Deals beyond 'baseline' pay rise could fuel budget pain

Proposed pay rises could leave NSW finances in tatters as unions prepare to prove workers deserve more.

A 10.5 per cent pay rise over three years for public sector workers was among "must-haves" in a state budget focused on essentials, rather than cost-of-living handouts for cash-strapped families.

But the projected wage rise, including mandatory increases in superannuation payments, falls well short of several key unions' demands.

Treasurer Daniel Mookhey on Wednesday dismissed concerns about higher raises after his second budget, which projects a $3.6 billion deficit next financial year followed by further shortfalls.

"The baseline offer, particularly when you include last year's 4.5 per cent (rise), is the fairest and best offer that any state government has made in the country and equally the best offer that's been made to the NSW public service in more than a decade," he said.

"(It) also has been paired with the reintroduction of an independent umpire which (parties) can use should we find ourselves in a position where we can't reach agreement."

Daniel Mookhey
NSW Treasurer Daniel Mookhey has projected state deficits being reduced. (Dean Lewins/AAP PHOTOS)

The state's re-established Industrial Court starts in July.

Unions NSW secretary Mark Morey said workers were ready for an independent umpire to rule if discussions with government breakdown.

"Unions have compelling cases to justify productivity and value-based wage rises and are more than happy to make them in the course of bargaining or through conciliation processes," he told AAP.

Daniel Hunter, head of peak body Business NSW, credited the Labor government for avoiding inflation-surging measures amid higher-than-expected revenue.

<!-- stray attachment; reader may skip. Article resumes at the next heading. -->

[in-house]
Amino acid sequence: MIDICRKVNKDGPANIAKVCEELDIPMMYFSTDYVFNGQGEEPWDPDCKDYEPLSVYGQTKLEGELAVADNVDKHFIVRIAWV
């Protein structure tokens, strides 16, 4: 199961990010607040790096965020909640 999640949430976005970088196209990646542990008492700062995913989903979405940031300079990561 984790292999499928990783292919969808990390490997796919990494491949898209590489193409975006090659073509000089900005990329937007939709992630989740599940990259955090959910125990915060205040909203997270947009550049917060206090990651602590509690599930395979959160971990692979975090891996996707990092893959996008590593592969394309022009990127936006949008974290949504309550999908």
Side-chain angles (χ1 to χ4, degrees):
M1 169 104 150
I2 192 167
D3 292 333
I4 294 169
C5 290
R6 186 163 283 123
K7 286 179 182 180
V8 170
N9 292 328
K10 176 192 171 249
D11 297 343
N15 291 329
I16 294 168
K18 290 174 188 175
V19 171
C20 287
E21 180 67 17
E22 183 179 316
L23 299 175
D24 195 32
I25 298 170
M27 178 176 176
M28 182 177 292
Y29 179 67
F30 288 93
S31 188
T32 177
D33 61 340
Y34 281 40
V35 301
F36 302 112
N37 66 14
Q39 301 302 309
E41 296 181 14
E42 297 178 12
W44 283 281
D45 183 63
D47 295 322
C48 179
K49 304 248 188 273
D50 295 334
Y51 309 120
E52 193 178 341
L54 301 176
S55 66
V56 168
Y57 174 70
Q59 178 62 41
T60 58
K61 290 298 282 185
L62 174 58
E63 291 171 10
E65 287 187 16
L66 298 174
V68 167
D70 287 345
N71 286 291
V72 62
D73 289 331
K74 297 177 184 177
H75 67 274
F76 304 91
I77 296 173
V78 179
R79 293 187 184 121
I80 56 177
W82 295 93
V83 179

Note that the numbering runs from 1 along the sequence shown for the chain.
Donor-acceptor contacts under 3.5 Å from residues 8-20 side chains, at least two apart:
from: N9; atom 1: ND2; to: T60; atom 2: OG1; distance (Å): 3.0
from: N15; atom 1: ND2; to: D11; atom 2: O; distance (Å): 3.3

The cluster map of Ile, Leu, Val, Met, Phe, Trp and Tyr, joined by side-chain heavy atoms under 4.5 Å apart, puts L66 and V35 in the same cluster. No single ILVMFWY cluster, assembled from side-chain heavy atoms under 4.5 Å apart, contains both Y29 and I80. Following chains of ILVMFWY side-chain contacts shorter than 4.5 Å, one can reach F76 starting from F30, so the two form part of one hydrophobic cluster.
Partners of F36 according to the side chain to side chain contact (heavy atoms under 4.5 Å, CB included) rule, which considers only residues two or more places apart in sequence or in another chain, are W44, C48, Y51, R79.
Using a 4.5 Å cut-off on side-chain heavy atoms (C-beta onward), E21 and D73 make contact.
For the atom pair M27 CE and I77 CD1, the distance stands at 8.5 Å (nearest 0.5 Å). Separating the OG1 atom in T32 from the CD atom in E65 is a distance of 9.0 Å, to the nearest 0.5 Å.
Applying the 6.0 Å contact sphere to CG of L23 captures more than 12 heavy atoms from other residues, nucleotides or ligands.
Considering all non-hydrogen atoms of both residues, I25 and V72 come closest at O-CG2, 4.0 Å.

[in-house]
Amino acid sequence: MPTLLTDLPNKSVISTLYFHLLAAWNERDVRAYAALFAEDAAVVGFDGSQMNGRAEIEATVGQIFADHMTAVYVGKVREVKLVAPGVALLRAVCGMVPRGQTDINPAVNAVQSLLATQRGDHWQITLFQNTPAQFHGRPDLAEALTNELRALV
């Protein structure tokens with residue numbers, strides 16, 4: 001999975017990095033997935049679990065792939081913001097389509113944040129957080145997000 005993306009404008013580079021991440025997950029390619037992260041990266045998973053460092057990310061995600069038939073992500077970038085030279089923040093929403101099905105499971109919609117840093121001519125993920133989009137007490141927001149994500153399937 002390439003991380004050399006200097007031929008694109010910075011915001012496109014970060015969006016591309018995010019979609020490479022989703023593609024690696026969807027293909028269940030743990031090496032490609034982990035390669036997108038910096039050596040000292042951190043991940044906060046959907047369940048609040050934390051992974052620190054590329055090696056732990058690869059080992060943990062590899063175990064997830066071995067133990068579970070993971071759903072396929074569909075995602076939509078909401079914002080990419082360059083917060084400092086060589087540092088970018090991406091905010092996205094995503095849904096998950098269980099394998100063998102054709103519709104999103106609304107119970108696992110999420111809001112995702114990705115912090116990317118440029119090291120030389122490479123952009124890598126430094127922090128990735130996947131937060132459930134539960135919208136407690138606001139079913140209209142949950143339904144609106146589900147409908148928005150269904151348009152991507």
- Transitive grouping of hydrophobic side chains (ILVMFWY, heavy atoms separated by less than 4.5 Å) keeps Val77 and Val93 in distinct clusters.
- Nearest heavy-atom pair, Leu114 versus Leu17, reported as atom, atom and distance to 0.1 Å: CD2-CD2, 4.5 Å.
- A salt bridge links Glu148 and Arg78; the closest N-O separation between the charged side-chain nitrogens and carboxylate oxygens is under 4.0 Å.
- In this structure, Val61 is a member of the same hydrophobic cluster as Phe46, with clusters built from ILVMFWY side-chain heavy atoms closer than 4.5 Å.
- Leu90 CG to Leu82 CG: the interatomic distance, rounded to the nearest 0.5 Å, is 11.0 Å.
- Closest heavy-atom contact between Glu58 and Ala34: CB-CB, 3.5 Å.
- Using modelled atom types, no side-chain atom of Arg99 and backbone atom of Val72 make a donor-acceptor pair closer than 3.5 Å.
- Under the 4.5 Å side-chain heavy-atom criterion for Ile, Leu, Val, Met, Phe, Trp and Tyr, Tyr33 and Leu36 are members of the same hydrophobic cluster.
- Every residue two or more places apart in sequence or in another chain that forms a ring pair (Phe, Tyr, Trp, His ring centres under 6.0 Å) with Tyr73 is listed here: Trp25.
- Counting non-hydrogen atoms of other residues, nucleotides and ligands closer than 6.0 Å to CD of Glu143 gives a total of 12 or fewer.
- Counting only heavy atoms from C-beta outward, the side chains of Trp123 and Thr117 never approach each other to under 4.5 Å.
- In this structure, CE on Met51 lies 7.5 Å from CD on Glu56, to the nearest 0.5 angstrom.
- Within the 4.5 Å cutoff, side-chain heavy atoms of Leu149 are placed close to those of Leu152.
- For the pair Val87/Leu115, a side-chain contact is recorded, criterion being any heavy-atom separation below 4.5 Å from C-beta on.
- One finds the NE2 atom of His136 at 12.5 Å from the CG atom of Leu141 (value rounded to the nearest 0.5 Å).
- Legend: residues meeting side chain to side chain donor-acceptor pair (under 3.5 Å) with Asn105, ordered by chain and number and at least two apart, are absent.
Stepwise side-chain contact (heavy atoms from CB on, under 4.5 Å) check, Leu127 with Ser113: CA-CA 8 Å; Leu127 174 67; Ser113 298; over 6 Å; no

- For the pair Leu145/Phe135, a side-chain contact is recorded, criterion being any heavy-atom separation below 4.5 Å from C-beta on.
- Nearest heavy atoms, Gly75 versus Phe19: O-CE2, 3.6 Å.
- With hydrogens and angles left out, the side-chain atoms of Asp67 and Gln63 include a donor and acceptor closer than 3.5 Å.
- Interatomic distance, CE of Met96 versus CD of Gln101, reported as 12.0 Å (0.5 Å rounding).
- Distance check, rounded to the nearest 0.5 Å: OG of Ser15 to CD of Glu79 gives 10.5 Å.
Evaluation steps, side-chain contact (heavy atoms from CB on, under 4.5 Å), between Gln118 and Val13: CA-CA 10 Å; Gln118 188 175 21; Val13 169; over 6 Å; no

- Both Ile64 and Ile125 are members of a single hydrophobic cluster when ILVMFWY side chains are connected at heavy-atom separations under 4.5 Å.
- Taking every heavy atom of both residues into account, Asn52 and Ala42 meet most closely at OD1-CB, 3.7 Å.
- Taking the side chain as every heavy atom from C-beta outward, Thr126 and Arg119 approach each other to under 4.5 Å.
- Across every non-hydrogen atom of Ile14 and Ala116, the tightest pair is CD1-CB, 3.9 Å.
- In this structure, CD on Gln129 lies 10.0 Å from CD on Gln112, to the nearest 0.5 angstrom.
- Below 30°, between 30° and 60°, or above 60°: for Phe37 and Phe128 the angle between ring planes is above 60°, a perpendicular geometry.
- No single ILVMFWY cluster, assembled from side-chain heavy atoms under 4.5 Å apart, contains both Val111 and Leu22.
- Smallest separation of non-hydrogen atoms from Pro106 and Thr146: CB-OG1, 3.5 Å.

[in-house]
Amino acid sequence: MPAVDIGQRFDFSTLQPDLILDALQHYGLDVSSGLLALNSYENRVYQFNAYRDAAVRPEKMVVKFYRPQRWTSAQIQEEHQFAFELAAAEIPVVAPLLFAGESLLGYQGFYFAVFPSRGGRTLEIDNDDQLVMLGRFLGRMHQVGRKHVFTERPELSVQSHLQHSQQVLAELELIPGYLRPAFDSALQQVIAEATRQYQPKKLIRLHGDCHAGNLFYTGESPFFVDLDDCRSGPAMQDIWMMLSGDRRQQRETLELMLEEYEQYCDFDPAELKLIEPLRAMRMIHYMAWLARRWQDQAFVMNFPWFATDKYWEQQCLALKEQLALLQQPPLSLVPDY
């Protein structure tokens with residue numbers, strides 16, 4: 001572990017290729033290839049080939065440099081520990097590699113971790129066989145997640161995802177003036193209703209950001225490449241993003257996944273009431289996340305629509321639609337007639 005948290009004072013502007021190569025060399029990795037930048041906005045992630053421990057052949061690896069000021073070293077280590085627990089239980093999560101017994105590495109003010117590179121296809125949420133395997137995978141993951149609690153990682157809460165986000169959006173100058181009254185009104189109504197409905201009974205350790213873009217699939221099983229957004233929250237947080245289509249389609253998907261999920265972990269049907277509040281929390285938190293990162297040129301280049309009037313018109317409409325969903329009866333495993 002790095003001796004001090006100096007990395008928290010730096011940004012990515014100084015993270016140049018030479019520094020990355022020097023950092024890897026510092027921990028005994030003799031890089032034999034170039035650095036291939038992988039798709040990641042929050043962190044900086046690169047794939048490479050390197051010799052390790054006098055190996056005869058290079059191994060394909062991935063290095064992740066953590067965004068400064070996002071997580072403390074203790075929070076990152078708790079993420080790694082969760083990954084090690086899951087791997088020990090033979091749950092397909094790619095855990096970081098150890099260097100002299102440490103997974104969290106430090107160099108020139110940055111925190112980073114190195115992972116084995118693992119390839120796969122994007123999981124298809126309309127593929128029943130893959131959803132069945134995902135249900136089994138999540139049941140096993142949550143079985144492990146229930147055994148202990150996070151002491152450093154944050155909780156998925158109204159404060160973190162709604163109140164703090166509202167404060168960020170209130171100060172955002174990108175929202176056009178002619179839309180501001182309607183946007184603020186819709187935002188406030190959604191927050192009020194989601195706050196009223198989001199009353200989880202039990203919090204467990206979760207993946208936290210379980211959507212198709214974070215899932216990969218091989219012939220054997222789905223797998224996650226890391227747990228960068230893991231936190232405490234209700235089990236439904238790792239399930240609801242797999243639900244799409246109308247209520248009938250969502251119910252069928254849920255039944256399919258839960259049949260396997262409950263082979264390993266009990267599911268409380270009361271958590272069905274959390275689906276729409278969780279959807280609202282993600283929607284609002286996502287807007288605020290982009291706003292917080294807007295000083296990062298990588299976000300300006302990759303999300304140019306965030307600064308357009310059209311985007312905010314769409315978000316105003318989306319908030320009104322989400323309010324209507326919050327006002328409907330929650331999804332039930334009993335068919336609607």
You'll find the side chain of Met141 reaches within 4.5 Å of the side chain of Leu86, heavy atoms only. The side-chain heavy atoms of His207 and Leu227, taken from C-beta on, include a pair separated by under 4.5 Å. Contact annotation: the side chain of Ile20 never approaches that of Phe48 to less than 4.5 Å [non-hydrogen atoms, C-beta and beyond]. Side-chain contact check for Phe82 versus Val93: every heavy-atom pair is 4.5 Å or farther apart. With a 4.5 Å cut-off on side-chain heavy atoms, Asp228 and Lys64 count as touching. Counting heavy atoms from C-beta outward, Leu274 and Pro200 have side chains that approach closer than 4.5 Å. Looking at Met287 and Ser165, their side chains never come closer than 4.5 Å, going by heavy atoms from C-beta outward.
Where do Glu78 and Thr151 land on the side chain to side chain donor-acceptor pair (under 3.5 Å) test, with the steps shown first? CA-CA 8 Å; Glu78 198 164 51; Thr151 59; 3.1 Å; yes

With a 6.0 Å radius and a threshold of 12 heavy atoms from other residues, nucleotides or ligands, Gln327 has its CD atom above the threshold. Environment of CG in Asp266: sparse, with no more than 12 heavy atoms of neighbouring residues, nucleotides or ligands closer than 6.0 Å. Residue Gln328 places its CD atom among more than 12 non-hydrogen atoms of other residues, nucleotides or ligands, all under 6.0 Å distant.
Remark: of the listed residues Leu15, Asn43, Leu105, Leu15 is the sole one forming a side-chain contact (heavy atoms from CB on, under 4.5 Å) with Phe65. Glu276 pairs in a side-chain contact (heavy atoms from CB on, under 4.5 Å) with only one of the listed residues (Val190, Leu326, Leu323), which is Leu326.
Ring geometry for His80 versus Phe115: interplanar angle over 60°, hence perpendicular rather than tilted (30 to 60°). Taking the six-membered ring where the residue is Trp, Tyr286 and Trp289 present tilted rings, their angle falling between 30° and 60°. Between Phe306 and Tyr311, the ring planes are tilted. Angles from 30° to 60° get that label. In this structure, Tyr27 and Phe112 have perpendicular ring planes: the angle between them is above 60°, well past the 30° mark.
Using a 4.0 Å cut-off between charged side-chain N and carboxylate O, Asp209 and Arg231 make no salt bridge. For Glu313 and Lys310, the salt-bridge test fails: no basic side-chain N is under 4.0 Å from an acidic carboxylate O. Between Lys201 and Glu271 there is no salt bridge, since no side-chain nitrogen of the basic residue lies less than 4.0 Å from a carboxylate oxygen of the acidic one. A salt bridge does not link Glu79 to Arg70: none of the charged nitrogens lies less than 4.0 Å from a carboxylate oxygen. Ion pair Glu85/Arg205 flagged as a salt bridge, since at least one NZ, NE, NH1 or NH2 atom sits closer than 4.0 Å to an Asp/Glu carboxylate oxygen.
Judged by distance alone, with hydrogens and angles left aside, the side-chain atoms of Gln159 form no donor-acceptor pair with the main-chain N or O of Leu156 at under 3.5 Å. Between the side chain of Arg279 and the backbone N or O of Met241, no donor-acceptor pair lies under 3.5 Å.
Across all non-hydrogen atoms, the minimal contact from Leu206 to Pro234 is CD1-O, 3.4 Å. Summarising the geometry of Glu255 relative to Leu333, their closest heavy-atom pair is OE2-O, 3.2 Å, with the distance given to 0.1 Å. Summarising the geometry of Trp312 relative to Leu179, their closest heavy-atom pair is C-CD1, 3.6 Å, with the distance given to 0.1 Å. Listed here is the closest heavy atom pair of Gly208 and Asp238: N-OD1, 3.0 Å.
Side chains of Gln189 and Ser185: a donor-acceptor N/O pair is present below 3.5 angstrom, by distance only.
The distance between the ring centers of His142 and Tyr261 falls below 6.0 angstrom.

"However, the decision to grant significant public service wage increases  - the largest in more than a decade - has also hit the budget bottom line," he said.

Industrial Relations Minister Sophie Cotsis told parliament the offer was a baseline for negotiations.

"And of course, there will be counter-offers," she said.

Shadow treasurer Damien Tudehope leapt on Wednesday's description of the 10.5 per cent rise as a "baseline" offer, saying higher rates could come with an un-budgeted multibillion-dollar cost if unions secured them.

"That impact on the budget would lead to deficits for many, many years to come, and in fact any prospect of a surplus would be in tatters," he said.

The NSW government's wage offer comes as Treasury forecasts rising consumer prices in Sydney. (Darren England/AAP PHOTOS)

Nurses and Midwives Association assistant general secretary Michael Whaites said the government's offer was a starting point, adding negotiations for a sought-after 15 per cent pay rise were continuing constructively.

"They have said if systems reforms can be identified to offset costs, we can progress above that baseline offer and we intend to hold them to it," he said.

He suggested widespread financial inefficiencies existed in the health system, due to overtime, agency and turnover costs as workers left NSW for better pay and conditions in other states.

"There are significant savings to be made if the government improves the wages and conditions of nurses and midwives, and pays them what they're worth," Mr Whaites said.

The government's wage offer comes as Treasury forecasts consumer prices in Sydney will rise by more than eight per cent over the next three years.

In light of recent teacher and paramedic wage deals, firefighters want 20 per cent over three years while police are sidling up for 25 per cent over four years.

"We will not settle for anything less because that is what you deserve," the police union has told members.

Mr Mookhey has pointed to falling teacher vacancies and record nurse and police intakes as proof wage growth was an antidote to worker shortages.